"We were restricted at one time to three bloody mortar bombs a day, 3-inch mortar. And I would presume that the artillery was also restricted on its expenditure of ammunition. We didn't have the men. We didn’t have the ammunitions, and we had to, you know, keep going. "
We were restricted at one time to three bloody mortar bombs a day, 3-inch mortar. And I would presume that the artillery was also restricted on its expenditure of ammunition. We didn't have the men. We didn’t have the ammunitions, and we had to, you know, keep going. We finished the thing going up to Rome. We went back south on corps reserve, not far from Naples. And we were down there for, I guess, a couple of months. And from there, we went up to Florence. Stayed in Florence for about two weeks. And then we covered up all the tac [tactical] signs and everything on the vehicles. We went across to the east side again. And then we went up through the Gothic Line.* That was another line. God. And into Rimini.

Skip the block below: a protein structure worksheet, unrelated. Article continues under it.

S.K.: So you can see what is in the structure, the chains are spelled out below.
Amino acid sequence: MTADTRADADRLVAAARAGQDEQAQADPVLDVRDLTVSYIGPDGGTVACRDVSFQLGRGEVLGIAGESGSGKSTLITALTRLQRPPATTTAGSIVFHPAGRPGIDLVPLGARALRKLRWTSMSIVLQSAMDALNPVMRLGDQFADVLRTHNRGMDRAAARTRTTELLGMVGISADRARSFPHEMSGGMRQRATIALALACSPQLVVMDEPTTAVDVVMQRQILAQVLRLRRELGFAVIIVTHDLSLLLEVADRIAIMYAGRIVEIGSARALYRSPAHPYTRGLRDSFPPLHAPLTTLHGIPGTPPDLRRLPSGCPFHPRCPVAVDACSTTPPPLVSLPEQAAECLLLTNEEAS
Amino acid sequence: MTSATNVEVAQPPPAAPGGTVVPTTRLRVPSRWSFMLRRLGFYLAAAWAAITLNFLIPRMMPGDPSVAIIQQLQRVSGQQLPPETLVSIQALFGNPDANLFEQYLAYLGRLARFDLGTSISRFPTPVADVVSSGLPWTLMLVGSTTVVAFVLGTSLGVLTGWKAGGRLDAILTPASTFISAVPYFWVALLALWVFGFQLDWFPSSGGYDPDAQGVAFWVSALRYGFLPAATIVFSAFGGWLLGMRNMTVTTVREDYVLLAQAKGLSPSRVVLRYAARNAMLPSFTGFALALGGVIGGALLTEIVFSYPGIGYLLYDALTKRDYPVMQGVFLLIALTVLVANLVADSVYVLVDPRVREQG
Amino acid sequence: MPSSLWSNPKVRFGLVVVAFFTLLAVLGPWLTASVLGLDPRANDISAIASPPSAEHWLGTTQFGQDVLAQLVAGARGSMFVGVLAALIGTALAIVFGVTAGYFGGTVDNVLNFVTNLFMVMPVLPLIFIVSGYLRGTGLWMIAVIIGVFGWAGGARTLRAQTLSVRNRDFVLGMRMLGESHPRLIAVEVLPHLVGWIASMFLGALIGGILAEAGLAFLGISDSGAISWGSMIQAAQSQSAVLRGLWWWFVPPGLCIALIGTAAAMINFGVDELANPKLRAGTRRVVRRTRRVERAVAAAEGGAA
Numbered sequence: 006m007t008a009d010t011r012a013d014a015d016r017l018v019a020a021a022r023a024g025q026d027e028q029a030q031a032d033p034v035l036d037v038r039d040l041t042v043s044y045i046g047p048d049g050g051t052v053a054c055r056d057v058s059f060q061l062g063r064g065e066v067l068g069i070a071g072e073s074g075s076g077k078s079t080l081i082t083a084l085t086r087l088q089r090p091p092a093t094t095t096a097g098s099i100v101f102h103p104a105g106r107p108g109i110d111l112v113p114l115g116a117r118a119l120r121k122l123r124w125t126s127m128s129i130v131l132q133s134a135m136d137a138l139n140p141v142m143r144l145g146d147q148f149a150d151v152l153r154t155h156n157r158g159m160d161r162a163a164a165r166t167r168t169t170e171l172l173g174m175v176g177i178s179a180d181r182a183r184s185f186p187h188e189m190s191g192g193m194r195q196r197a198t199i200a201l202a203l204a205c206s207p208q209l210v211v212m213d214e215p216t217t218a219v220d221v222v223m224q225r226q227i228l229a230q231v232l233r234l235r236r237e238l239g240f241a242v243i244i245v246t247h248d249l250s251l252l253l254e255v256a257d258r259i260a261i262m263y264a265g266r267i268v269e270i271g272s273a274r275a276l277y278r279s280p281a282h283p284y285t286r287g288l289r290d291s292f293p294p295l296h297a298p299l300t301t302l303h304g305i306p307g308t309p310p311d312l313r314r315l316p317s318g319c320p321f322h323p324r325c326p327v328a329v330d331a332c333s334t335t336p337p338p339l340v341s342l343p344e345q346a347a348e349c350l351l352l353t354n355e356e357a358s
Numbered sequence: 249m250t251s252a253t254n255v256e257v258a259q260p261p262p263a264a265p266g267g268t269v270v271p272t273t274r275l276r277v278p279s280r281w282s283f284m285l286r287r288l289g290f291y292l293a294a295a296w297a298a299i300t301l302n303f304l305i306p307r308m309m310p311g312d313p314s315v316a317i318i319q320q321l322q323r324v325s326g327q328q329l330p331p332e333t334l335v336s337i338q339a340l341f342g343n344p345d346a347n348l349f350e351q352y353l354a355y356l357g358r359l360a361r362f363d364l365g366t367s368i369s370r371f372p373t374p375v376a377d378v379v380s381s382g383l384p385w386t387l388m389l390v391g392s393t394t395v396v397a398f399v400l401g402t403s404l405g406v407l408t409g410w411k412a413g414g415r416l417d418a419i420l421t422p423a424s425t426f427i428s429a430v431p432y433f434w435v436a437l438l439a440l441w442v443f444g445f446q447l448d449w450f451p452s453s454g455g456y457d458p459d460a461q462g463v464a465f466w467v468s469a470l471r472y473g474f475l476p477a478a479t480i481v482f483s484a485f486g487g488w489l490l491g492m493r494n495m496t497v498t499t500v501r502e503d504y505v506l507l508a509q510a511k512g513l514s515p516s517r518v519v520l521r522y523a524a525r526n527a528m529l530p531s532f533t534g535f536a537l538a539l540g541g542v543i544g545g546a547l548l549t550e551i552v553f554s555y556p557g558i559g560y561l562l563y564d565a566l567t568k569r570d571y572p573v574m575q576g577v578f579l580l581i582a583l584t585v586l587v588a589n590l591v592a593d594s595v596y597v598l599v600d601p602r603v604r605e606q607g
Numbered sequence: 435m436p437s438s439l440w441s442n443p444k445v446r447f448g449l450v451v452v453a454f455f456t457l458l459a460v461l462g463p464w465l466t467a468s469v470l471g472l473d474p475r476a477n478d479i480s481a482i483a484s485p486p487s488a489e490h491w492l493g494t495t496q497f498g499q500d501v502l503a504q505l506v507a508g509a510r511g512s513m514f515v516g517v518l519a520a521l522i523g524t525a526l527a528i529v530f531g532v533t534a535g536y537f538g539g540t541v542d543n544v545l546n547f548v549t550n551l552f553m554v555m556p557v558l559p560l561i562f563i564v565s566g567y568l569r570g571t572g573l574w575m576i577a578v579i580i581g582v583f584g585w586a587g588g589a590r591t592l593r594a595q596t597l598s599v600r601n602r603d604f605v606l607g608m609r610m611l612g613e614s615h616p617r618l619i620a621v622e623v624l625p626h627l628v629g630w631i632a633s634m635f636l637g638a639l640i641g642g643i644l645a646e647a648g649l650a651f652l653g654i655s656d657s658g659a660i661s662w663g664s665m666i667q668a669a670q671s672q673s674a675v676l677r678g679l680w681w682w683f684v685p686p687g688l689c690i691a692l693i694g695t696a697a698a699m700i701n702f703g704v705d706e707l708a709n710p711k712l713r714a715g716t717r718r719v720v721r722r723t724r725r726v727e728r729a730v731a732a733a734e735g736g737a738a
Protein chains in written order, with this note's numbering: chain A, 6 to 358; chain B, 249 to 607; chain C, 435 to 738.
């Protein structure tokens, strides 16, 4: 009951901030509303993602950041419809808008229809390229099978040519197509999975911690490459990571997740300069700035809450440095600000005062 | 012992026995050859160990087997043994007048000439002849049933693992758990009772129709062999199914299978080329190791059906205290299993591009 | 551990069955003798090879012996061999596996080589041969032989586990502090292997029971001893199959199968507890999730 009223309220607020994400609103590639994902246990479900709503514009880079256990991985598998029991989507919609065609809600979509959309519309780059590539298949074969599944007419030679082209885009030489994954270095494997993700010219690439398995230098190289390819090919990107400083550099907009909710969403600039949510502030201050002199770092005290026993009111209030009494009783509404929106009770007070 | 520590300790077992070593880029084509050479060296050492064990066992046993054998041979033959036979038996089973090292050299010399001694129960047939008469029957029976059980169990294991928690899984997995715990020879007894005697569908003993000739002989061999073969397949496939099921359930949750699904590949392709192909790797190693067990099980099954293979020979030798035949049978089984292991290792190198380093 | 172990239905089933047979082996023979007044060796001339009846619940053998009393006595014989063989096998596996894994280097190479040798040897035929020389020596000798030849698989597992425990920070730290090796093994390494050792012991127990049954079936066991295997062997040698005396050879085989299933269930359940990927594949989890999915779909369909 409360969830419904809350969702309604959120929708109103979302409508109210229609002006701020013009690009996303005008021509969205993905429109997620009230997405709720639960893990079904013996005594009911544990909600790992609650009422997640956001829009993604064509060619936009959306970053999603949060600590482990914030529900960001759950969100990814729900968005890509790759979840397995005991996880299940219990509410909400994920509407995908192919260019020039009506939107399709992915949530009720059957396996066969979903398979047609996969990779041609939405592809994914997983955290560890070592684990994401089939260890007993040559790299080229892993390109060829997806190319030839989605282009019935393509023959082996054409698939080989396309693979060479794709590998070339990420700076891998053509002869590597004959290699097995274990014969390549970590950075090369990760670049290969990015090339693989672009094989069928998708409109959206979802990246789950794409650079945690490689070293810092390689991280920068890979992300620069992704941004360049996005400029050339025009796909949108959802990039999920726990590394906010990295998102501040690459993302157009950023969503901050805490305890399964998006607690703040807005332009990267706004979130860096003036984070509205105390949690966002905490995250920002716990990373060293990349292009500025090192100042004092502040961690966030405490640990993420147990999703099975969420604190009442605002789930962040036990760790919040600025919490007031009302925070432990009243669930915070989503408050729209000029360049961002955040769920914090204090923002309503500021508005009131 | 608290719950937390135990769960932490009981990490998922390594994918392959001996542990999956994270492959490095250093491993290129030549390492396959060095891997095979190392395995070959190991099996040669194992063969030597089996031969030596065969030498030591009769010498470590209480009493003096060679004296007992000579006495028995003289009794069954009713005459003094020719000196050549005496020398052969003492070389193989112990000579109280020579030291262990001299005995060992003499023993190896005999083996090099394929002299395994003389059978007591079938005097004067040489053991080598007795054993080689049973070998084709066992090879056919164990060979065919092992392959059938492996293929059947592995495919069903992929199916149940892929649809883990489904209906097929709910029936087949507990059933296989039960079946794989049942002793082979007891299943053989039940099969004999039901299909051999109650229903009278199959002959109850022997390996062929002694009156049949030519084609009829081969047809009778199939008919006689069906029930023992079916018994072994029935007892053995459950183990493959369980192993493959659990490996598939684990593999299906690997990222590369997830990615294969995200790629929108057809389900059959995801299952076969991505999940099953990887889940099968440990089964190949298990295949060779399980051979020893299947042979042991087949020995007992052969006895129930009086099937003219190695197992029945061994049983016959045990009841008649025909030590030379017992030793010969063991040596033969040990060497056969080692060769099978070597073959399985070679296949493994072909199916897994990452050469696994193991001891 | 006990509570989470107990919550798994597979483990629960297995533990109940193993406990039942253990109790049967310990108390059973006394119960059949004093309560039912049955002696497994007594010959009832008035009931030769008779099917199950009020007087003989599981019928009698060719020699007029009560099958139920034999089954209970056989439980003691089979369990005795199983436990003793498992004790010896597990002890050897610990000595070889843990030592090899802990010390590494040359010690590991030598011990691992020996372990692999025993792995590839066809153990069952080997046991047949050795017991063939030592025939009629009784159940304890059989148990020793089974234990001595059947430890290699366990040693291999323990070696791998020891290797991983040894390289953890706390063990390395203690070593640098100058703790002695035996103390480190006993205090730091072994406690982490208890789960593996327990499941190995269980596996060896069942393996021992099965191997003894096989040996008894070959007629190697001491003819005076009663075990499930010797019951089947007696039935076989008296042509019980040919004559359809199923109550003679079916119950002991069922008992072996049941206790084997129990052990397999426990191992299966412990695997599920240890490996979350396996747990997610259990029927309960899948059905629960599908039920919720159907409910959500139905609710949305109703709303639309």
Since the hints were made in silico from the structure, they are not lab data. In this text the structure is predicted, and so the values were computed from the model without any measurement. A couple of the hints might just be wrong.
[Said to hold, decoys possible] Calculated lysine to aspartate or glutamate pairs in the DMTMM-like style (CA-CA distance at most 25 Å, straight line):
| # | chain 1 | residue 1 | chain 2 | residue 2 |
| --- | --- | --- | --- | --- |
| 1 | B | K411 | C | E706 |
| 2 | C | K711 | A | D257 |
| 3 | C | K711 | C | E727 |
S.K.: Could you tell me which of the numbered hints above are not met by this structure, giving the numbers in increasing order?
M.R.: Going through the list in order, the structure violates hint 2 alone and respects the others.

After Rimini, you know, it was rivers. River after river, and every river crossing was a shambles. The last one I crossed was the Lamone. And it was a dandy. 1st [Canadian Infantry] Brigade just about got—well, we tried. Never made it across the rivers. I think we finished up going in with the 3rd [Canadian Infantry] Brigade because the Hasty Ps [The Hastings and Prince Edward Regiment] and RCRs [Royal Canadian Regiment] were so badly knocked about. And our job, at that time—they took the guns off us because the land was so swampy. They armed us with PIAT** mortars and flame throwers.
*The Gothic Line was a long series of German defenses made up of fortified passes, mountaintops and rivers, which stood in the way of the Allied advance into northern Italy. Breaking the Gothic Line fell largely to Canadian troops.
**The Projector, Infantry, Anti-Tank Mk I (PIAT) was an anti-tank weapon that fired grenades that could penetrate a tank’s armour, very similar to the American bazooka.